Monday, August 20, 2012

Todd Akin is medieval in his thinking

     The whole world seems abuzz about Todd Akin's comment that victims of "legitimate" rape rarely get pregnant, but everyone seems to be focusing on the wrong part of that statement.  Akin's use of "legitimate," while insulting, is not his way of saying that some rape is "legitimate," but rather that if a woman was REALLY raped, instead of just saying she was raped, she wouldn't get pregnant.
     That belief is medieval, and I don't mean figuratively. In Ian Mortimer's "A Time Traveler's Guide to Medieval England," which I reviewed a few weeks back, the author reported that this was one of the beliefs of the time. So if your wife claims she was raped, but she got pregnant, she had really been a willing participant, and hence an adulterer. So the real shocker is that Akin still believes this, 400 years of science notwithstanding.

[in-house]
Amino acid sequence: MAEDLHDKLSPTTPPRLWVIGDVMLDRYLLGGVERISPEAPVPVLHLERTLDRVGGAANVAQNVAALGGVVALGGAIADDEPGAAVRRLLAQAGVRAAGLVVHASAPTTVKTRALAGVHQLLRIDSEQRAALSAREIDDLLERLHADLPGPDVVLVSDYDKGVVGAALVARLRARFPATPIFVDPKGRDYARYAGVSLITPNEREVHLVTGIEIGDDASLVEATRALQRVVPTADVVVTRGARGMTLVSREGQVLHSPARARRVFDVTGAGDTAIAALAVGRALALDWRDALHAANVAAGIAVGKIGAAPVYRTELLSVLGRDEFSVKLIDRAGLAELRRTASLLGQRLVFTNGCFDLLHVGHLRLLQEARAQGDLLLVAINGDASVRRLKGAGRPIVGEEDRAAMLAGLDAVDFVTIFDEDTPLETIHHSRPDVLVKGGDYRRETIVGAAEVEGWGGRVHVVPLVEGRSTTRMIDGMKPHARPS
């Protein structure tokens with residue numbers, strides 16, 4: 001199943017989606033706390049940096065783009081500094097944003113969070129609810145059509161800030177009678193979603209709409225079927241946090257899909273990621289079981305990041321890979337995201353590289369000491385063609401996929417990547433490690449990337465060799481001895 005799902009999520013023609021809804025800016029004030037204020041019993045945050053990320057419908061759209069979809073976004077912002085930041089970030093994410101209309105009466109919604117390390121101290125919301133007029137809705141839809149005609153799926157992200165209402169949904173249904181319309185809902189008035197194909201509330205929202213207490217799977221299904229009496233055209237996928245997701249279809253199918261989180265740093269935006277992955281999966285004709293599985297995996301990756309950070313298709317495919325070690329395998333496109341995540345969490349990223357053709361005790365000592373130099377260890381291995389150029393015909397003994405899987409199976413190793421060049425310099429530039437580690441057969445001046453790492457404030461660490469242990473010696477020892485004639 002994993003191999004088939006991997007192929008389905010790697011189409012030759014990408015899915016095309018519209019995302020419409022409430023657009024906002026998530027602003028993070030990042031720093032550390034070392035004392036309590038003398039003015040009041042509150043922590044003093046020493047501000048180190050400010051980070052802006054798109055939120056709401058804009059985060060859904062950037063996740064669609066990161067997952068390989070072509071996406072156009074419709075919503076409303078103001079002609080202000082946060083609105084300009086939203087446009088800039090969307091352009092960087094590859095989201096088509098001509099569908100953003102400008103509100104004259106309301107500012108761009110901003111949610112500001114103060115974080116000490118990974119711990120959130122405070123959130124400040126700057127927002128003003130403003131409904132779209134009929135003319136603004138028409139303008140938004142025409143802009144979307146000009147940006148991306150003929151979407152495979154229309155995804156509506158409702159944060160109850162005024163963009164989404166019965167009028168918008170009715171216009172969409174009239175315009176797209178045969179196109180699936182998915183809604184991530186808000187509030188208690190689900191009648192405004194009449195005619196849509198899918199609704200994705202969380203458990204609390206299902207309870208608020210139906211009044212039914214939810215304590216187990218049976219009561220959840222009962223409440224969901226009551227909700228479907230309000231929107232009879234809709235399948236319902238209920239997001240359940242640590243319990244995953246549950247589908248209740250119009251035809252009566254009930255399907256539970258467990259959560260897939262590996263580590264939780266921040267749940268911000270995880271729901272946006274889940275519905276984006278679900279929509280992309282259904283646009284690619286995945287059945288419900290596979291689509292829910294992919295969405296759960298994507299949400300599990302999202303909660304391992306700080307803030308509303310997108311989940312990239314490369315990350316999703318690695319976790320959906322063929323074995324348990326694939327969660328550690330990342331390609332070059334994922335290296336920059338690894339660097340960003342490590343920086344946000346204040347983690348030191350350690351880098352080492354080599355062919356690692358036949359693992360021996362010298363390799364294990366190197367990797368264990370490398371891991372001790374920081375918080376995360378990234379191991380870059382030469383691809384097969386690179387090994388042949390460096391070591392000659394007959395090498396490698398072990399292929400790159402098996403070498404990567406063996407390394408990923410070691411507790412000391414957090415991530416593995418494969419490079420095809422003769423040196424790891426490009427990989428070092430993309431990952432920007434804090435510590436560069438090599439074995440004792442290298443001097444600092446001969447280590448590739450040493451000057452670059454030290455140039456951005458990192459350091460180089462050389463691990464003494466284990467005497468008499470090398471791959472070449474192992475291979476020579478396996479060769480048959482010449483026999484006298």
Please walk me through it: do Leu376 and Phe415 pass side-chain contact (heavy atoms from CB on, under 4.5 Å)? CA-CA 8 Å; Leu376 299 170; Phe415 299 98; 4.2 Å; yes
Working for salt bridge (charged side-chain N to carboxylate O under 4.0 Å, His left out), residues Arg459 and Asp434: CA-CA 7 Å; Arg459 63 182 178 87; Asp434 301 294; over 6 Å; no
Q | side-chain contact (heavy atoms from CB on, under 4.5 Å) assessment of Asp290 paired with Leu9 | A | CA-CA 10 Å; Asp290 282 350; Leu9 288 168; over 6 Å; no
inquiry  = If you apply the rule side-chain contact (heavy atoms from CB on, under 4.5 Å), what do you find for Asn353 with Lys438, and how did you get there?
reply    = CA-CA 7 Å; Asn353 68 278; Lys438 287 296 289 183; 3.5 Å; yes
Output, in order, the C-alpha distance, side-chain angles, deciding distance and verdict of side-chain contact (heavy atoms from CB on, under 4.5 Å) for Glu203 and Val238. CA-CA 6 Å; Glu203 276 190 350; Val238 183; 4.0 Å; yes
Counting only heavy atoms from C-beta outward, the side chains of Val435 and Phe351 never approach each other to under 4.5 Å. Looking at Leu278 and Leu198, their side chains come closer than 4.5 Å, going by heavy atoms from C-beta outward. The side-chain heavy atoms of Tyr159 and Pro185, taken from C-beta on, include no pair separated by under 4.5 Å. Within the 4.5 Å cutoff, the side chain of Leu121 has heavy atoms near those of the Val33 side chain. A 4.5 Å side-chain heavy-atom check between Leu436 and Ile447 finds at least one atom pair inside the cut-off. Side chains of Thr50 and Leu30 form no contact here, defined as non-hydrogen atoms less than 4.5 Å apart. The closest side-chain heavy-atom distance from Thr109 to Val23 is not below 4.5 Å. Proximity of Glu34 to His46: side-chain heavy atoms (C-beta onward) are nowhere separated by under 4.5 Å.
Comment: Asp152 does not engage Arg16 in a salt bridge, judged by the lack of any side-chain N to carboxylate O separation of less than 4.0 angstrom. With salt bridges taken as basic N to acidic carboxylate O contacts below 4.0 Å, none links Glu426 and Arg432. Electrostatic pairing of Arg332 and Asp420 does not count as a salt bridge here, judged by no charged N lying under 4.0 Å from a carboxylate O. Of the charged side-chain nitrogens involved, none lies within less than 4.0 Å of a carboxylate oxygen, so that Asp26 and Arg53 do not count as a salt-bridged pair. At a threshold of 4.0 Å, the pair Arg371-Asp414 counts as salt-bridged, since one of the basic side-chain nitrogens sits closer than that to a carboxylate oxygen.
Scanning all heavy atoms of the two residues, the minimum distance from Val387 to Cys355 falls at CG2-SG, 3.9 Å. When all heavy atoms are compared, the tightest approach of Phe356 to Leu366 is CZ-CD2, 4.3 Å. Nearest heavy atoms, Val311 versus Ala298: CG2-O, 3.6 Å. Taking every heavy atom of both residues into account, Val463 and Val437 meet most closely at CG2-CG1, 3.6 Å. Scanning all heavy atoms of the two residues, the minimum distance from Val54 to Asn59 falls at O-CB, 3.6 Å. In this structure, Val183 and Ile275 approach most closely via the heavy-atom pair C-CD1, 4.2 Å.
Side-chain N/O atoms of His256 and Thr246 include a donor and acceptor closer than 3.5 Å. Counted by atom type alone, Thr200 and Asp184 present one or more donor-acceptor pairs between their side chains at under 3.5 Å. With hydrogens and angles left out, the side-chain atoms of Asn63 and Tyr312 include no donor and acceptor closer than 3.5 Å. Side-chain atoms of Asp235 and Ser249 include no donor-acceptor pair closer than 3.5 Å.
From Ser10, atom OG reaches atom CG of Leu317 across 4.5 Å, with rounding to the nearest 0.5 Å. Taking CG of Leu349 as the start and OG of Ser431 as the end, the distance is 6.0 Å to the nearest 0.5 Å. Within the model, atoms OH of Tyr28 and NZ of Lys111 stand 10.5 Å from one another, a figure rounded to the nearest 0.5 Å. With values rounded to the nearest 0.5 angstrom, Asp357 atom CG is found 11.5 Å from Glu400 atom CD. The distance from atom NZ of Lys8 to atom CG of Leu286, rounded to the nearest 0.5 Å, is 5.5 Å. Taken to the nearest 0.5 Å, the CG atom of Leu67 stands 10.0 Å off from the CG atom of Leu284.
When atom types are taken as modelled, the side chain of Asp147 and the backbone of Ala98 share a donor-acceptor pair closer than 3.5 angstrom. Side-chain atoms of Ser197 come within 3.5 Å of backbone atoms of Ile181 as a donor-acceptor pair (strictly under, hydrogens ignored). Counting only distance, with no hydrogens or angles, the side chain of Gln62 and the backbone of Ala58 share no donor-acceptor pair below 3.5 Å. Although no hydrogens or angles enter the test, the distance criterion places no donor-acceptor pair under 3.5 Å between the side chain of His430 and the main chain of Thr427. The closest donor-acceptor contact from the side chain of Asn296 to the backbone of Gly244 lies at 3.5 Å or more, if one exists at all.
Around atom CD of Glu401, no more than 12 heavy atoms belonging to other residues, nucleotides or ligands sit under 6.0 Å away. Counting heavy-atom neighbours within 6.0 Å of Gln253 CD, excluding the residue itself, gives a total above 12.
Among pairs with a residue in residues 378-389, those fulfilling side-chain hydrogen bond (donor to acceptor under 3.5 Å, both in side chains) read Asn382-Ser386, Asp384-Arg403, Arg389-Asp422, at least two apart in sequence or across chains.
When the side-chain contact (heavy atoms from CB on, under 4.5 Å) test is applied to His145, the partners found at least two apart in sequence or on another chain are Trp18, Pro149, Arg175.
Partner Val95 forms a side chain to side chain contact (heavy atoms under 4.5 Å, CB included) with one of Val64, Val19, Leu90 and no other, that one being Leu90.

In journalism, this is called burying the lead. Forget his poor choice in referring to "legitimate rape." The real message is that while liberals sometimes refer to conservatives as having "medieval" beliefs, in Akin's case it is not mere hyperbole.
     It is also indicative of some conservatives' belief that when it's a choice between believing what your own prejudices tell you and what science tells you, believe the former (including that global warming isn't caused by man or is even real). It also is evidence of the so-called "Republican War on Science" (as Chris Mooney's book on the subject was titled).
     This is a teaching moment, and it would be a shame if Akin drops out because of this. Sadly, his beliefs in the near impossibility of rape leading to pregnancy alone would not have been enough to do it.


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